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It's All About the Kids:a column by Dr. Janet McPeek


Challenging a kid's sense of entitlement



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April 17, 2013 - It is a common sight these days to see teens and pre-teens using cell phones and electronic tablets.

In fact, many of them are better at operating these devices than adults. But does that mean every child is entitled to have an iPhone or an iPad? Of course not.

We are living in a world where many children have developed a false sense of entitlement. We constantly hear: "I want that." Or "If I want it, I should have it." Whether it's getting the latest electronic gadget or making the sports team or buying fashionable UGG boots, children tend to have an "I want it now" attitude. Kids feel they are entitled to receive.

As parents, it is important not to always give in to the pressure when your child says everyone else has a particular item and he or she won't be cool if they don't get one too. It is your job to challenge your child's false sense of entitlement. You should never feel obligated to buy children everything they want, because it may not be something they need or your family may not be able to afford it.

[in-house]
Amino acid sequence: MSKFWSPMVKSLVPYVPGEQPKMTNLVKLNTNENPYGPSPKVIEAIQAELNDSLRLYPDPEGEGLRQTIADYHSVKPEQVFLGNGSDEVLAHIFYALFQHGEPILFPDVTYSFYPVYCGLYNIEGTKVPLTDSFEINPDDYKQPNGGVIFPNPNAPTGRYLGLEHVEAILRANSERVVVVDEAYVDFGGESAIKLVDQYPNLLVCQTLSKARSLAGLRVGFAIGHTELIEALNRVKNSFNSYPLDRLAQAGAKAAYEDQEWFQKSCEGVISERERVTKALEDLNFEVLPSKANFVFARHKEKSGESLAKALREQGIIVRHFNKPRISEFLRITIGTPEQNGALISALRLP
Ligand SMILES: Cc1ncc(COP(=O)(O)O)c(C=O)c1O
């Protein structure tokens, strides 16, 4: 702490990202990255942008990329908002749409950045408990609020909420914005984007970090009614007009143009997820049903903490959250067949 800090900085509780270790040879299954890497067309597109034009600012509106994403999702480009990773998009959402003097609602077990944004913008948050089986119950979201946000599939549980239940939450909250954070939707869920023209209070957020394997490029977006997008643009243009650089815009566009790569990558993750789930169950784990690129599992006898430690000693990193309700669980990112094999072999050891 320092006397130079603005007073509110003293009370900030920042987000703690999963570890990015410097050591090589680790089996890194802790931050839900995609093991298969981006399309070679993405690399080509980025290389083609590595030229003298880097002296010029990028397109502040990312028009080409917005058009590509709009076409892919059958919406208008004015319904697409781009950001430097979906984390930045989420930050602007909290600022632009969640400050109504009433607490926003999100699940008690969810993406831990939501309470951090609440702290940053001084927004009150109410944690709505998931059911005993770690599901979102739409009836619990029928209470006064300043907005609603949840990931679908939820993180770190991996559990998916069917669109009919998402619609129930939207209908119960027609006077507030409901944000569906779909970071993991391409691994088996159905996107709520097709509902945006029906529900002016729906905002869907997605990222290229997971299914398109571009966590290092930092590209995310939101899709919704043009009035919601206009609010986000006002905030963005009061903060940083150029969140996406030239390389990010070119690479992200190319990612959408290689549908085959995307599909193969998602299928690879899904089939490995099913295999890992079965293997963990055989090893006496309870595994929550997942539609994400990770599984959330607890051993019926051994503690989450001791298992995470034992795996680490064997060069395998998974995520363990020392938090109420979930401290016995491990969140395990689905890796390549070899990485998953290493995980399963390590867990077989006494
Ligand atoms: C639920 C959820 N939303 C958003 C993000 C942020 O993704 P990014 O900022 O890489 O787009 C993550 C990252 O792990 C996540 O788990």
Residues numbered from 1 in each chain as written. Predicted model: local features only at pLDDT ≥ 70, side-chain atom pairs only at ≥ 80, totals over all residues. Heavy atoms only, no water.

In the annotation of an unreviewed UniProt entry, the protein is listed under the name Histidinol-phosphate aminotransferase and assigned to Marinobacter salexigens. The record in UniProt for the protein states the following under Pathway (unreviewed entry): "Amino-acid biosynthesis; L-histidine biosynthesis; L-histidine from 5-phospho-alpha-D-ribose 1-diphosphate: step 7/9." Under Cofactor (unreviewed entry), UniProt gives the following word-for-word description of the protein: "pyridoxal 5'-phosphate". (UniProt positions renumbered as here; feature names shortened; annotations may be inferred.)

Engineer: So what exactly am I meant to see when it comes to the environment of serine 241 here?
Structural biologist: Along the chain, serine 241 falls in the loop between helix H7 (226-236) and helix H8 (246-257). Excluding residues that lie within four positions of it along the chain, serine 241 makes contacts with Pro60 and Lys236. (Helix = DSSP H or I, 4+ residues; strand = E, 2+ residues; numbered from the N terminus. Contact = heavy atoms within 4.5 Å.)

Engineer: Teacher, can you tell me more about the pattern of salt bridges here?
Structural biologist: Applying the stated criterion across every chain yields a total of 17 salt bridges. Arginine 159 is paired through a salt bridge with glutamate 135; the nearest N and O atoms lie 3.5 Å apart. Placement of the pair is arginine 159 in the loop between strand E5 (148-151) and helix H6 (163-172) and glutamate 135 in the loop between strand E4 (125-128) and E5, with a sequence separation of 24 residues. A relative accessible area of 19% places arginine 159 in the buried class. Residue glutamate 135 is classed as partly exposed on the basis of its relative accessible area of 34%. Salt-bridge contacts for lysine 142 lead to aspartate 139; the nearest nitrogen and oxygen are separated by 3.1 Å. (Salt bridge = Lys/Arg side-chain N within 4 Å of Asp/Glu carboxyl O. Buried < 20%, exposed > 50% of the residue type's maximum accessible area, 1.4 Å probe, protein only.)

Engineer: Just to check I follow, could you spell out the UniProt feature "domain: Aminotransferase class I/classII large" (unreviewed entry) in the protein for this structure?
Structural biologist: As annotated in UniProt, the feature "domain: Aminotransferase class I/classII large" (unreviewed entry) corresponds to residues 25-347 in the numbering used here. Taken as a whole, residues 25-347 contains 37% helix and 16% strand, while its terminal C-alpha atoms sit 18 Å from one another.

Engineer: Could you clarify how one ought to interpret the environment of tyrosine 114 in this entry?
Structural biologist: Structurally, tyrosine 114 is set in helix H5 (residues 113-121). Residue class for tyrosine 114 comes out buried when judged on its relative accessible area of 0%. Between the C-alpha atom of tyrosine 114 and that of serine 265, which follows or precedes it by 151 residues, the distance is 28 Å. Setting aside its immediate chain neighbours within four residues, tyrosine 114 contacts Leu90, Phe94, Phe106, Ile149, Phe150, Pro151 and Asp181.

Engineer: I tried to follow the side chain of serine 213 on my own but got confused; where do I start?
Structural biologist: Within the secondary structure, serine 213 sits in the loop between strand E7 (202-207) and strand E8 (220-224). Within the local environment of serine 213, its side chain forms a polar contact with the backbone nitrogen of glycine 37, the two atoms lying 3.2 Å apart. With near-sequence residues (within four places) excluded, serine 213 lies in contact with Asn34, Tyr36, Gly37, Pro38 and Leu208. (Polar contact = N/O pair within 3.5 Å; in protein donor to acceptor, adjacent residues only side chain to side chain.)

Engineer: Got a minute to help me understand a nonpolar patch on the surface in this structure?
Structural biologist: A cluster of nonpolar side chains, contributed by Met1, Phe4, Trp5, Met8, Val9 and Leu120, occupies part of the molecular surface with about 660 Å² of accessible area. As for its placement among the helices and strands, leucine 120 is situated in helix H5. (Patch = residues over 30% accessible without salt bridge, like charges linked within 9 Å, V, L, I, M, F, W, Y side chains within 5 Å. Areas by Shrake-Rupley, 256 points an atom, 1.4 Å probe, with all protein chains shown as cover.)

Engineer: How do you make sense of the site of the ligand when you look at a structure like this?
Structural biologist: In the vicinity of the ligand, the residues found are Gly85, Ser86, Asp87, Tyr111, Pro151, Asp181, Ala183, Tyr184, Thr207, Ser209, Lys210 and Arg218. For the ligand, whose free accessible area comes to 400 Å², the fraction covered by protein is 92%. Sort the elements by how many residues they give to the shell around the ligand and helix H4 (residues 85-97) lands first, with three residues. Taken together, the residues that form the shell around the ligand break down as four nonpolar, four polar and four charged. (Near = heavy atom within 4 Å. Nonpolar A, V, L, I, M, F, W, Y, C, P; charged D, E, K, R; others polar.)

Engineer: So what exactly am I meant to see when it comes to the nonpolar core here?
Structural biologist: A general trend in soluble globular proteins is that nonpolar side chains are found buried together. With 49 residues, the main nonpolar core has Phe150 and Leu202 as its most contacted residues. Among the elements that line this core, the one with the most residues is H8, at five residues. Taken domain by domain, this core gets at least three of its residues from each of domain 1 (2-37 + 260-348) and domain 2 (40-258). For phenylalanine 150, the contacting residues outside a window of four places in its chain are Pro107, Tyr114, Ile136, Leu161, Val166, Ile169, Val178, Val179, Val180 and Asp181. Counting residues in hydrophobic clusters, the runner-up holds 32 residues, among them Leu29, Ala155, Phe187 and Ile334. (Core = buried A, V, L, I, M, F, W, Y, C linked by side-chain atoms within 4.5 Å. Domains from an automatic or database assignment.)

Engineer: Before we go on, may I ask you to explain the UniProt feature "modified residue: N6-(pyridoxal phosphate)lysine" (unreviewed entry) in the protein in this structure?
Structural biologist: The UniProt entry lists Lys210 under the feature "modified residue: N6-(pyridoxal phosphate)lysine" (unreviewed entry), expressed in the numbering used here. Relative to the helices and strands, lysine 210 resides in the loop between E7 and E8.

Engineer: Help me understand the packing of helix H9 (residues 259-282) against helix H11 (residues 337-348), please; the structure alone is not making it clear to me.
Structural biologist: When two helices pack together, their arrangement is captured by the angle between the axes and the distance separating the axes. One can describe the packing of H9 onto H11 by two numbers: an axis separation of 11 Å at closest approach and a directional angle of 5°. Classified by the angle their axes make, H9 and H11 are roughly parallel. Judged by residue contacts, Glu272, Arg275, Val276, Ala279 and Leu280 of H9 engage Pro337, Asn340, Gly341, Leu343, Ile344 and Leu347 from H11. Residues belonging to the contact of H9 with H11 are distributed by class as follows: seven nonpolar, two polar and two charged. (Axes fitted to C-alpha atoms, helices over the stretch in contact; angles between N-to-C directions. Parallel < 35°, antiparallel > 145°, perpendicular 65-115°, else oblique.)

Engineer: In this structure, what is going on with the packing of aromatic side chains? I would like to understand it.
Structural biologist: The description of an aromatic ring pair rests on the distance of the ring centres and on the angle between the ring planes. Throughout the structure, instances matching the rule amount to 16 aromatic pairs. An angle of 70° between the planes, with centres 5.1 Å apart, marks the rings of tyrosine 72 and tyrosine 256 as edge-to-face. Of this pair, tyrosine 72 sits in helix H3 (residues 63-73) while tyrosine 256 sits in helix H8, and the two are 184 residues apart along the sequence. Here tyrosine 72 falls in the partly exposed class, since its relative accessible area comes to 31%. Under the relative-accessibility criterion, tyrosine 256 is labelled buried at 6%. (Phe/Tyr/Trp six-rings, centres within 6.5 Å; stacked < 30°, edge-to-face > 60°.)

This false sense of entitlement also extends to competitive activities. Children who aren't picked to play on a sports team or who don't win a talent contest may respond: "It couldn't be me." Or they allege favoritism and unfairness. Kids need to learn to accept that sometimes they are not going to be the best in an activity, game or sport.

As parents, you may wonder why your child is thinking he or she is entitled to everything. Is it something you've done? Or are they under a lot of peer pressure at school? The pressure to be the best is certainly everywhere, as seen in the plethora of TV reality competition shows such as American Idol, Dancing with the Stars, and Survivor.

Developmentally, it takes a long time for humans to reach a point of maturity where we recognize that "things" don't matter and it is not all about having the latest innovation or always being first. Help your kids realize we are not entitled to anything. Life is really about figuring out what is important enough to work for and spend money on.

Parents can lead the way by answering these questions for themselves and then raising their children within that same value system.

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